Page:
The flow of air into a suction opening

Consider a simple length of ducting attached to the inlet side of a fan and another length of ducting attached to its outlet. Air is accelerated as it approaches the suction opening and, in order to produce this increase in kinetic energy, a negative potential energy has to be set up within the opening. Figure 15.5(a) illustrates that the air, in negotiating the entry to the duct, is compelled to undergo a change of direction (unless it happens to be on the centre­line of the duct) and that this involves the setting up within the duct of a pocket of turbulence which reduces the area of entry available to the air. The reduced area is termed the ‘vena-contracta’.

Three immediate conclusions can be drawn from this.

(1) The velocity of airflow through the vena-contracta must be higher than that prevailing in the succeeding downstream length of duct.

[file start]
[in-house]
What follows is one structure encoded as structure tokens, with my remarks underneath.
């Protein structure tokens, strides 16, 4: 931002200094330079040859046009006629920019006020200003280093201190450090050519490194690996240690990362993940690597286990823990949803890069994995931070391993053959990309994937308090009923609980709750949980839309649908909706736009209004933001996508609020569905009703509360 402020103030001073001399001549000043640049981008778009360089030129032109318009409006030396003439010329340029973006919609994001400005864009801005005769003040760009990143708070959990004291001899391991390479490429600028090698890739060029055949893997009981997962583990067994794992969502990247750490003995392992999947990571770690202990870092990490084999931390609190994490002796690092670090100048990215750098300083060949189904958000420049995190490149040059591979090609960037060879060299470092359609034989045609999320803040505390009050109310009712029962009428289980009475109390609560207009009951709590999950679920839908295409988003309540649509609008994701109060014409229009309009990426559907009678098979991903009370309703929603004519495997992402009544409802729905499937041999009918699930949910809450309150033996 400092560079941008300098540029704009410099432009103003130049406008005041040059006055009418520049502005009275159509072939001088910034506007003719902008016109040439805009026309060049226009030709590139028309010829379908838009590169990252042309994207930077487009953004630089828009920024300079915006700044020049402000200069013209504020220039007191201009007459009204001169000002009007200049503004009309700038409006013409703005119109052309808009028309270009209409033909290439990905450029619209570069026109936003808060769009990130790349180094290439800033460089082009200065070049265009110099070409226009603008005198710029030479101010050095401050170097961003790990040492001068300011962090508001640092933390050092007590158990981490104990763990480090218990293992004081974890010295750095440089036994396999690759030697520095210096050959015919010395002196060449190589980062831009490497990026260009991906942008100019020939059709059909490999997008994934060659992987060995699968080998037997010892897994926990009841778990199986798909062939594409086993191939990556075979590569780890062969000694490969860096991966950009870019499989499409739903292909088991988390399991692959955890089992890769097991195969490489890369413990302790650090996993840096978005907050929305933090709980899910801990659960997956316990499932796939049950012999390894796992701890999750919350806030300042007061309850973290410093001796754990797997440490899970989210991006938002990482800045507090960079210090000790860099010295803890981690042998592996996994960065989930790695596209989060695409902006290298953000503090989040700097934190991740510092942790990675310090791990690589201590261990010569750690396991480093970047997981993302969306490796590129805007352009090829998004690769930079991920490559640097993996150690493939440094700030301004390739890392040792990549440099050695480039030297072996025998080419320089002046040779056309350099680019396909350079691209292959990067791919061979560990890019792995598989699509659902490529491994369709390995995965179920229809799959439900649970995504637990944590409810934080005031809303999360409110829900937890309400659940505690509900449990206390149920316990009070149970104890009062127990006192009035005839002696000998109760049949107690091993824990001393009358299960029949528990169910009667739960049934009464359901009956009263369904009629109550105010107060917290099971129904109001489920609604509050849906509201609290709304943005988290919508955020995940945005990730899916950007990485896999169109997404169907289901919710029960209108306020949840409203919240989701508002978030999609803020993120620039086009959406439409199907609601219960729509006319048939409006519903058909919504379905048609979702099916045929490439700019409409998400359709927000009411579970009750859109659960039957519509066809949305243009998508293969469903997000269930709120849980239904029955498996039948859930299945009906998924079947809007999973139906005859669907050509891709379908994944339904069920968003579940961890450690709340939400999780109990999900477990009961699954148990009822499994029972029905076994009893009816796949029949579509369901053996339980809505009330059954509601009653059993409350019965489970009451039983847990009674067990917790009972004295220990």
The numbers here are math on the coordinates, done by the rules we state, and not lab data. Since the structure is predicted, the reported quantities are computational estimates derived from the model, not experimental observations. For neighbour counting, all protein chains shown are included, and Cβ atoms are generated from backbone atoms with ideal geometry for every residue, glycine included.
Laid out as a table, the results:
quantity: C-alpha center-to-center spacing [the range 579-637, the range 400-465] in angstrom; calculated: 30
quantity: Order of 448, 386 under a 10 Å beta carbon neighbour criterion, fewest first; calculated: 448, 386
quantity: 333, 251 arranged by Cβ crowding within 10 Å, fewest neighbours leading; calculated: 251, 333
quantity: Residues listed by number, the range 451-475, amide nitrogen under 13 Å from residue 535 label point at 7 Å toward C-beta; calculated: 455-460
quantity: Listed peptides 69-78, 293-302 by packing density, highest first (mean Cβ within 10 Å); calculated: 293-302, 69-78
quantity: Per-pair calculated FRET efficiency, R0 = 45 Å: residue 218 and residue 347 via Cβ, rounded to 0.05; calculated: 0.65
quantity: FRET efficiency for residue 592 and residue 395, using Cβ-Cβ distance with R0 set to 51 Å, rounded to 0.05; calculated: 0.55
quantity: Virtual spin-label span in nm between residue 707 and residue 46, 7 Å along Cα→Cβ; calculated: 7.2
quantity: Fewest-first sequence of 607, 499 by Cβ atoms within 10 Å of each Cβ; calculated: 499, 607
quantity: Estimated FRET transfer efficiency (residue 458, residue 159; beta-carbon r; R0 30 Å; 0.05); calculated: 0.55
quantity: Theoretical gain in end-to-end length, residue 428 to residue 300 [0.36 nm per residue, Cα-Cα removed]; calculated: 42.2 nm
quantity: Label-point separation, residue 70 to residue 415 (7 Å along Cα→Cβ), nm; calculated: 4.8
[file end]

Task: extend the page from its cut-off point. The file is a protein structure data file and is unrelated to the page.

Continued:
(2) The curved paths followed by the air in the eddies within the pocket of turbulence involve the expenditure of energy—in accordance with Newton’s first law of motion.

(3) There is a drop in total pressure as the air flows through the open end of a suction duct, because of conclusion (2) above, regardless of the presence of any grille at the opening. If a grille is present then the loss of total pressure will be greater.

An application of Bernoulli’s theorem (equation (15.18)) permits the changes of total, static and velocity pressure to be determined as air enters the system. Figure 15.5(a) shows a plot of such pressure changes for a suction opening at the end of a duct, and (b) shows airflow into a ‘no-loss’ entry. The end of the duct is constructed in such a way that solid material occupies the space normally filled with turbulence and prevents the formation of a vena-contracta. Virtually no losses occur, and the static suction set up just within the open end of the duct, where it has attained its proper diameter, is numerically equal to the velocity pressure, but opposite in sign.

(No-loss entry pieces of this kind provide a very reliable and accurate method of measuring the rate of airflow through a duct. It is only necessary to take a careful measurement of the static pressure on the section where the taper has just ceased and to convert this to velocity, by means of equation (15.27). Such a method is usually suitable for laboratory uses only.)

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